Sean Frazier’s life has revolved around football since he was young. He played the sport growing up on Long Island, N.Y., and was a walk-on linebacker at Alabama from 1987–91. He went into coaching and then athletic administration, and has been the athletic director at Northern Illinois University since 2013.
Today, after playing an improbably large role in what may be the beginning of the end of the 2020 college football season, Frazier is both determined and demoralized.
“Right now, I feel emotionally spent,” Frazier told Sports Illustrated Saturday. “This is one of the toughest decisions I’ve ever had to make in my life. Football has given me everything I have related to my career. It is emotional for me, as someone who loves football, to do what we had to do.
“Our president (Lisa Freeman) has given us great leadership. We had to make a decision to protect lives, but I also had to take something away from our young men. I had to step up and do what’s right, even if it hurt.”
Frazier and Freeman led the way in persuading the Mid-American Conference to postpone its football season to spring, sources told SI. (“NIU is the squeaky wheel,” one said a few days ago, prophesying what was to come.) Frazier would not confirm that his school was prepared to unilaterally sit out if the league proceeded with a fall schedule, but it seems clear that that was the intent. And, sources said, NIU had won over some other league schools to its side.
By shortly after 10 a.m. ET Saturday, the rest of the MAC had come around to NIU's aspiration for a spring season. That toppled the first domino in what might be a chain reaction of postponements or cancellations across the FBS of college football. Shortly thereafter Saturday, the Big Ten paused its progression toward full-contact practices Saturday, and has its own presidents’ meeting scheduled for later in the day. (A vote on whether to postpone the season was not expected.) A Pac-12 presidents’ meeting Tuesday will also create a lot of curiosity.
Some have theorized that the MAC made its move because it knows what direction its wealthy and powerful midwestern neighbor, the Big Ten, is headed. Frazier said that’s not the case.
“I can’t speak for them,” Frazier said, though he worked for Barry Alvarez at Wisconsin for several years and has relationships with several other Big Ten athletic directors. “The Big Ten has great leadership, but I think they’re struggling the same way we are.”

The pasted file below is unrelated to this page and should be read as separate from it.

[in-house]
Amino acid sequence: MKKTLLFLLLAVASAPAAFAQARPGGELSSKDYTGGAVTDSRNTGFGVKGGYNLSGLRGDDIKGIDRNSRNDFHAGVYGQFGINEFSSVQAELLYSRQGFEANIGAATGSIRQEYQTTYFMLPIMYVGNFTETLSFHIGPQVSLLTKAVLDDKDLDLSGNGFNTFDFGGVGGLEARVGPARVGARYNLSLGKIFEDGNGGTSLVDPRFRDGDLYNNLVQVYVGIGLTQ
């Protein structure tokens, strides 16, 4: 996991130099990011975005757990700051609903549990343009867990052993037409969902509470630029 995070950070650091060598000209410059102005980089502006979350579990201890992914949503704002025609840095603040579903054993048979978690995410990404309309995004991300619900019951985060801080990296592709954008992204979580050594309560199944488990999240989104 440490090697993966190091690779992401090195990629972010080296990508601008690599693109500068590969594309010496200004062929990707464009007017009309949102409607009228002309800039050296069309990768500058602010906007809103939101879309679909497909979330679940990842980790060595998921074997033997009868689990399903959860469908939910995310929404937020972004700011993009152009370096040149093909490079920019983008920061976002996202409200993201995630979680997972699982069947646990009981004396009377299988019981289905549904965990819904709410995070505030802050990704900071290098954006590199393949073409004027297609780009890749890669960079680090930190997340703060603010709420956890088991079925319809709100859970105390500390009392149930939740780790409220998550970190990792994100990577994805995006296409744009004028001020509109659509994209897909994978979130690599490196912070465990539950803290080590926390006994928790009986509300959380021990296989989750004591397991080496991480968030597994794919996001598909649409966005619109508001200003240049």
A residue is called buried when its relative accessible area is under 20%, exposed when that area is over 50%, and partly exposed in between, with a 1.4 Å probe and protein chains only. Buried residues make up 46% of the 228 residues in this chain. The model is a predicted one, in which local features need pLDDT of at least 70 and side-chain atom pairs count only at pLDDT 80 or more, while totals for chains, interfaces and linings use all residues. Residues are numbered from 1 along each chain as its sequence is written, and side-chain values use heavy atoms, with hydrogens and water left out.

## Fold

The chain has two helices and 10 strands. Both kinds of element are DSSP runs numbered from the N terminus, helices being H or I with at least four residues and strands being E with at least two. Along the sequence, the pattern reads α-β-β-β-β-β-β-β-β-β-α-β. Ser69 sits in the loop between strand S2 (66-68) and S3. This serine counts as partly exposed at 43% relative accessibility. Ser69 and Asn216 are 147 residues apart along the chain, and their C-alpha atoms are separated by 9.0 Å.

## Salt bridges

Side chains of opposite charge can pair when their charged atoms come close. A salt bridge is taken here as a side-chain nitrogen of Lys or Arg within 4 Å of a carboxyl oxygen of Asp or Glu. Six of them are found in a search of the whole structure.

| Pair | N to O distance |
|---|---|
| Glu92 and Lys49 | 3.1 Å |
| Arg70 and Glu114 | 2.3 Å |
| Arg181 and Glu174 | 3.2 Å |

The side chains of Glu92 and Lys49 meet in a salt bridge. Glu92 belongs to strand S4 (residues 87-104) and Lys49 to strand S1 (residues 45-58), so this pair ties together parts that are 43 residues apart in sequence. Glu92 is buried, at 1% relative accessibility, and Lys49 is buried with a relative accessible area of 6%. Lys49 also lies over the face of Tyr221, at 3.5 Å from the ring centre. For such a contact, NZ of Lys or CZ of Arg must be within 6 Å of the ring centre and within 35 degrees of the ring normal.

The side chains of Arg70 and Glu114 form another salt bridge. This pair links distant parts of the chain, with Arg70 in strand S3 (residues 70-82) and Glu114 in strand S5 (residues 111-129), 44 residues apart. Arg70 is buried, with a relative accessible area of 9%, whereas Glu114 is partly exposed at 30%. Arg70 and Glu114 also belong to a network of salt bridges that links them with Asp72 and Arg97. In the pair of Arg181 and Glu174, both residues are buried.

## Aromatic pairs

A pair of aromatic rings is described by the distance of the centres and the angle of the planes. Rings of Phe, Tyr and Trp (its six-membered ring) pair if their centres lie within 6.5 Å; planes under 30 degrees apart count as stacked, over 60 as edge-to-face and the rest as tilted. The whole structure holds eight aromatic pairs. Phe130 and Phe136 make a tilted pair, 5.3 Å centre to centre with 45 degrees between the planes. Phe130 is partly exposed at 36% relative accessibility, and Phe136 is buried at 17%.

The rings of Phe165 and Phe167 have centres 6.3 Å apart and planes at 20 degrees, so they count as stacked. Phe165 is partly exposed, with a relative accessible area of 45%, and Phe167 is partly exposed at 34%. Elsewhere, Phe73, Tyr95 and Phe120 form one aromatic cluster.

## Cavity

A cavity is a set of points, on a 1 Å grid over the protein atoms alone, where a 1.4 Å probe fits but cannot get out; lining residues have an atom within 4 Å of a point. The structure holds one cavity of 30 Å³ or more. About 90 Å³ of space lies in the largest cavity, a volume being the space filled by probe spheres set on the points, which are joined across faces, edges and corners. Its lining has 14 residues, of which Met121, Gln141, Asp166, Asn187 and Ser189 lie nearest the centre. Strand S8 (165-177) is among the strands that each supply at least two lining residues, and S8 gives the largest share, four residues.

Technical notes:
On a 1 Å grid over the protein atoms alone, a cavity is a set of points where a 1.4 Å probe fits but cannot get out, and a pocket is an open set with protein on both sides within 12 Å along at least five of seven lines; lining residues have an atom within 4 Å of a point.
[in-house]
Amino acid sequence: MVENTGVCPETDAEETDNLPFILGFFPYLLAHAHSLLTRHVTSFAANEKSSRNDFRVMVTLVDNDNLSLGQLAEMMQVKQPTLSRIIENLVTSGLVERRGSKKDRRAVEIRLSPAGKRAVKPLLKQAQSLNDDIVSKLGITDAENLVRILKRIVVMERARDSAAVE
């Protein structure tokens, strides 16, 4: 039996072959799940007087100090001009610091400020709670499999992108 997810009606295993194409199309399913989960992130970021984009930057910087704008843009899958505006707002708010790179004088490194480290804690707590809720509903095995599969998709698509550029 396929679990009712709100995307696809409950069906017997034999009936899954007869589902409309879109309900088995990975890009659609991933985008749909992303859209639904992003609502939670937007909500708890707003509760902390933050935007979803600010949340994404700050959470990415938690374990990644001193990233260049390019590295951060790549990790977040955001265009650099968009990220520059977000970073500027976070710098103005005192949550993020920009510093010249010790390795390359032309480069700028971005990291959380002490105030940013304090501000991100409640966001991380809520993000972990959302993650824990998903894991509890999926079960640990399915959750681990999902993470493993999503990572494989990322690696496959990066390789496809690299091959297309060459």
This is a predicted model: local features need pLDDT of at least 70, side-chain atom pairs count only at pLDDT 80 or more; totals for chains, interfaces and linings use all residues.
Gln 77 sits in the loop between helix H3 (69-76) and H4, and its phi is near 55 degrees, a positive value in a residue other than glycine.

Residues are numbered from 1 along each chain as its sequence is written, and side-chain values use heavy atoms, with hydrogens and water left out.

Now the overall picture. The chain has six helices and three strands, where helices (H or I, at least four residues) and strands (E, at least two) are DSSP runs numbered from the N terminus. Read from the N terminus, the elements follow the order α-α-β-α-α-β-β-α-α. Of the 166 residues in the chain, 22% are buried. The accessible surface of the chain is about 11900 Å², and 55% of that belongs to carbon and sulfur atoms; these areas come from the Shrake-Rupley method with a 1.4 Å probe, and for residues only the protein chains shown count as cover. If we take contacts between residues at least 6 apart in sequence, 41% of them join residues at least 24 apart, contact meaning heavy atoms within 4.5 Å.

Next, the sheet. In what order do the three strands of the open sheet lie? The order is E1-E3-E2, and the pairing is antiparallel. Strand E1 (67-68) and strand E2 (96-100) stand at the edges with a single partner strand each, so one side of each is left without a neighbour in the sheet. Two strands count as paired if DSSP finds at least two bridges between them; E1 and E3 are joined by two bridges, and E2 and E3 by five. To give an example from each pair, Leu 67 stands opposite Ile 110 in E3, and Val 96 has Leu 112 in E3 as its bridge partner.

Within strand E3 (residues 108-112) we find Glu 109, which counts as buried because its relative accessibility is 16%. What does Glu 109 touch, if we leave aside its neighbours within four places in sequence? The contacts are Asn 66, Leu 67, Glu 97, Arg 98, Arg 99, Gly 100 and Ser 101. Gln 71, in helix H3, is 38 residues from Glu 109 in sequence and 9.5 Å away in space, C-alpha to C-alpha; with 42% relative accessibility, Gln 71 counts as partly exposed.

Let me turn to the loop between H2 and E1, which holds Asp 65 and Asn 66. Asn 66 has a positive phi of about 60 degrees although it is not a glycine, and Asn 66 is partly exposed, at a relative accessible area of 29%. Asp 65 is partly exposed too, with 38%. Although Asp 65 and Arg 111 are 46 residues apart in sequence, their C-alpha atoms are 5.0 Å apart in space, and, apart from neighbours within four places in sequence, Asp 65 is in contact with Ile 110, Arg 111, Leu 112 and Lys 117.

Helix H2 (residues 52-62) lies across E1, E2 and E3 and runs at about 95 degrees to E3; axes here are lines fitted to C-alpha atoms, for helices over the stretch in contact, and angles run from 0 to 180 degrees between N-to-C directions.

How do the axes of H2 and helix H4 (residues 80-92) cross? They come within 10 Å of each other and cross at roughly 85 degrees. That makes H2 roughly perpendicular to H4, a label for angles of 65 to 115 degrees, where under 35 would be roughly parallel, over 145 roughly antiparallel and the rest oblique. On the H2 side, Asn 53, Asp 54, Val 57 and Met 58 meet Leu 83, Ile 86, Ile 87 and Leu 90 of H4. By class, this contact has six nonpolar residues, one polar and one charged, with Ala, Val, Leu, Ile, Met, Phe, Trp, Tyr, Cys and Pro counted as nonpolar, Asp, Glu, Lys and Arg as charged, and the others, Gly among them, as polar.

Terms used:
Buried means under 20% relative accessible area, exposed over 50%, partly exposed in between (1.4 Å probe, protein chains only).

From there? It would be difficult for the other conferences to stay the course and try to play.
If it comes to a complete postponement of the most popular and profitable college sport in America, let the obit show that the first real blow was landed by a middling university in DeKalb, Ill. Northern Illinois, with an enrollment of about 15,700, had the No. 124 football team in NCAA Division I in 2019, according to the Sagarin Ratings. The 5–7 Huskies were just another mid-level program in the low-level MAC.
How does that happen? How does Northern Illinois potentially set the tone for Ohio State, Michigan, Notre Dame, Alabama, Texas, Oklahoma, USC, Clemson and every other power program?
By taking a stand, and perhaps pricking the conscience of its colleagues. The lurching journey toward playing football has conflicted almost all the stakeholders—is this good and right, fair and equitable, or reckless and soulless? Ultimately, the voice of clear and strong dissent cut through some mixed and ambivalent MAC messages.
“The bottom line is, we don’t have a vaccine,” Frazier said. “We can do all the testing. I appreciate all the work that went into planning our great protocols on testing. But as soon as we try to compete, we’re going to have stoppages. And we don’t know the long-term effects of this.
“I don’t want to get politics involved, or the election, or any of that gobbledegook. I made this decision for the betterment of all parties right now. Maybe in six months, things look different. I hope so. But now? The gig is up.”
Frazier said he went into July very much believing the gig would go on. But as the nation’s virus numbers exploded, his outlook swung sharply toward pessimism.
“COVID blew up my little world a month ago,” he said. “I said, ‘Oh my gosh, how am I going to protect these kids?’ I’m a traditionalist and I believe football should be played in the fall, but nothing about COVID is traditional. It feels sacrilegious, but we had to start thinking about the spring.”
Eventually, that thinking became resolve. And that resolve carried over to MAC meetings as a leading voice pushing to postpone the season. With Freeman onboard and the school unwilling to yield, an expected vote on Thursday didn’t come to pass. The MAC delayed action until Saturday, then came down on the side NIU was pushing all along.
“If it saves us one player’s life, one heart, one long-term health complication, it’s worth it,” Frazier said, “I’m not a doctor. I’m a former football player and coach, and I’m in charge of safeguarding our kids. I’m doing everything I can in that regard.”
That doesn’t make the decision easy. A fall without football games in NIU’s Huskie Stadium depresses all of us, and that includes Sean Frazier.
“I’m the guy with 50 different videos of past games,” he said. “I guess I’ll go back and watch them all again.”